In this workshop we aim to bring together research in educational design and affective computing. Recent progress in the two areas is opening up opportunities for synergy that could lead to radical improvements in learning experience design. We invite contributions from both the areas of Educational Design Patterns and Affective Science, and particularly those that explore (or show results of) the combination of the two.
On the one hand, educational design patterns describe reusable solutions to the design of learning tasks and environments. Essentially, a design pattern provides a generic, reusable solution to a recurring design problem or situation. The key is to describe the solution in a way that makes the solution reusable for similar problems. Today there are a significant number of design pattern initiatives and projects dealing with educational design patterns. Despite the general agreement that emotions have a significant impact on learning, they have not been considered in pedagogical designs, probably due to the difficulty posed in doing so up to this point.
On the other hand, affective computing, the design of systems that can recognize, interpret, and process human emotions, has made great progress of late and is now being integrated into current intelligent tutoring systems.
Recent advances in biomedical engineering, neuroscience and data mining have increased researchers ability to investigate this issue. We are at a point where significant accuracy in automatically recognizing emotional states is feasible through a number of approaches, even for collaborative situations. The identification of affective and mental states provides a magnifying glass for closer look into the processes involved in collaborative learning experiences.  We are finally in a position where the effect of emotional states on learning experiences, can be taken into account in order to improve the design of these experiences and the technologies that support them.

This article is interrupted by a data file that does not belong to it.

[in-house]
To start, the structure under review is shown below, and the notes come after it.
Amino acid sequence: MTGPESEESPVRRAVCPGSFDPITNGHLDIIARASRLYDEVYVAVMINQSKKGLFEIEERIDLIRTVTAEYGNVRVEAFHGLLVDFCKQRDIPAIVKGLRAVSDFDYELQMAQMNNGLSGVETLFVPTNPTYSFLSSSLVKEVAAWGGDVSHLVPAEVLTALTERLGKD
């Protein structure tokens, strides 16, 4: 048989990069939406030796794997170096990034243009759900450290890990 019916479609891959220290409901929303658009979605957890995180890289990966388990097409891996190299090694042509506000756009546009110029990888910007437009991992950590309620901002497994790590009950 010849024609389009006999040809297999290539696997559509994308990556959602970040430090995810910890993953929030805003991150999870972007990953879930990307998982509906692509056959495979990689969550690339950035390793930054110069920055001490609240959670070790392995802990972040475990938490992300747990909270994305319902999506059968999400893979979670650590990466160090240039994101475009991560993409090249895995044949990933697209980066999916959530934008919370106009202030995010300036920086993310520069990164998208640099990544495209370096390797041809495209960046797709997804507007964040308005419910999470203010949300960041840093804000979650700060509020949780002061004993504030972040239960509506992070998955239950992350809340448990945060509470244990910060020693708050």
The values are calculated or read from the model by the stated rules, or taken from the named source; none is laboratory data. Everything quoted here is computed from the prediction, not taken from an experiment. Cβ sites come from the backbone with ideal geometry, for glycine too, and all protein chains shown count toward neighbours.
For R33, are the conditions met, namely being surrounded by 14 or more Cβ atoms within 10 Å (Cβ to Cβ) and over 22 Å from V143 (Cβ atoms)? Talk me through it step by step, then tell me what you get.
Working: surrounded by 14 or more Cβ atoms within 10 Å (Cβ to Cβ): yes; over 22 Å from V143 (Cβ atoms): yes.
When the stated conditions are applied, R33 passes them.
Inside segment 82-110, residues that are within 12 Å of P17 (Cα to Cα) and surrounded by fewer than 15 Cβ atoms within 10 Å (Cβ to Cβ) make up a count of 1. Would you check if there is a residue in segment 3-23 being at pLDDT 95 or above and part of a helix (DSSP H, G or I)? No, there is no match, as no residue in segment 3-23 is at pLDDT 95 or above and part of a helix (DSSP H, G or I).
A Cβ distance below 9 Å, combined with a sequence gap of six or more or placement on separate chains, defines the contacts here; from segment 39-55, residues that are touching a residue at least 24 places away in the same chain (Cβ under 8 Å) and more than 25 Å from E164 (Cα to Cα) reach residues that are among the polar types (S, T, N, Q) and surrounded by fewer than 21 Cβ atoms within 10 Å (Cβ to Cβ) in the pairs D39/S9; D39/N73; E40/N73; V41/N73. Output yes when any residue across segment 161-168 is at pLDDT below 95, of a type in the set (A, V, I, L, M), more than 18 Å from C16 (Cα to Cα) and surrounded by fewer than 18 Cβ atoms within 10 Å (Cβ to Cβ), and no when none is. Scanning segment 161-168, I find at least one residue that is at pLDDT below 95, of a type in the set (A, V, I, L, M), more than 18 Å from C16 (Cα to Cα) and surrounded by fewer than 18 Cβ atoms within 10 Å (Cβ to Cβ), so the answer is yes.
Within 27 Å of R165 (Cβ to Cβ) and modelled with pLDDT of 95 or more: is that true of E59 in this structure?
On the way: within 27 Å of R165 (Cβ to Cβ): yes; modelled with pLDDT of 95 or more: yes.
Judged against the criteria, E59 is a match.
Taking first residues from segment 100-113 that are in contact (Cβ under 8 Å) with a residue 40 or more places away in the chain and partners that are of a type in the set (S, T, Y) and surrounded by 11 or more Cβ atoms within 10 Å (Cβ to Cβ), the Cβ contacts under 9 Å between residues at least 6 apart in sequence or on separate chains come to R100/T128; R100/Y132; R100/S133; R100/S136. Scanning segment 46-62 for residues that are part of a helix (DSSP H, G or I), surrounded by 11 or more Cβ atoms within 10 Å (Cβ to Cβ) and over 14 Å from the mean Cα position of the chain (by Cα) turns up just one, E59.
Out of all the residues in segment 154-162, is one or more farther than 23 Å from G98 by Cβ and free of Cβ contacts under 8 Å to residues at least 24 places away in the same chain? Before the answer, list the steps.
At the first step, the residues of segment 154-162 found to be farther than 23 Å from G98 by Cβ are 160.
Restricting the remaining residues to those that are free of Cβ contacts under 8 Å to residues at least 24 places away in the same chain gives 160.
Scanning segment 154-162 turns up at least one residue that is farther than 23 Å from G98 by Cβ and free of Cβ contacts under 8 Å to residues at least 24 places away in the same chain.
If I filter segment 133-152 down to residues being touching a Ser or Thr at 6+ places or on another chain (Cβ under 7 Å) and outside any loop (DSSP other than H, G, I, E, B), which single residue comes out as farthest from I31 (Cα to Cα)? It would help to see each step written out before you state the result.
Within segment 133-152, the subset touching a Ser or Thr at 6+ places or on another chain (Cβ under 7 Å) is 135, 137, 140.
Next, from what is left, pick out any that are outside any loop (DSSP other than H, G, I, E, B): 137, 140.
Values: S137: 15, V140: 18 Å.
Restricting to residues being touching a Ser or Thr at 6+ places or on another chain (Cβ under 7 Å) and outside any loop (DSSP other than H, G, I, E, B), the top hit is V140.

The envisaged outcomes of the workshop are:
•    Contributions on the state-of-the-art in affective computing related to educational technology, in particular technology enhanced collaborative learning.
•    Identification and discussion of ways of representing good practice in affective educational computing using the design pattern approach
•    Understanding the role and synergies of affective computing and design patterns in the development of advanced learning technologies.
•    Proposals of design patterns for affect-aware learning technologies.

If you’re going to EuroPLoP, you can probably continue straight to Riga.

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JCAL special issue on web2.0

Posted by yishaym on January 20, 2009

the Journal of Computer Assisted Learning has just released a special issue on Social Software, Web 2.0 and Learning

And, while we’re in the mood, I thought I’d mention:
Scott Wilson Interactive Learning Environments16(1):17–34(2008)

Posted in readings, related projects | 2 Comments »

programme for the KMRC e-learning patterns workshop

Posted by yishaym on January 14, 2009

(cross posted from http://designedforlearning.wordpress.com)

Christian Kohls just sent me the programme for the e-Learning Patterns workshop in March, and it’s looking really good. Some of the names I spotted: Helen Sharp, Ulrike Cress, Davinia Hernándes-Leo, Till Schümmer, Frank Fischer, Andreas Harrer, Yannis Dimitriadis (random list).

I’m facilitating a workshop on “cases to patterns” and also giving a talk on “Patterns for building patterns communities”. Here’s the draft abstract for my talk:

workshop1The construct of design pattern is often summarised as “the core of a solution to a problem in context”. What, then, is the problem that design patterns solve, and in which contexts?
As design patterns break new grounds in educational research and practice, challenging questions arise: how do we engage new audiences in the pattern paradigm? How do we adapt the form and modes of use of patterns to make them useful in diverse realms of practice? Why do we have such a strong conviction in the value of design patterns?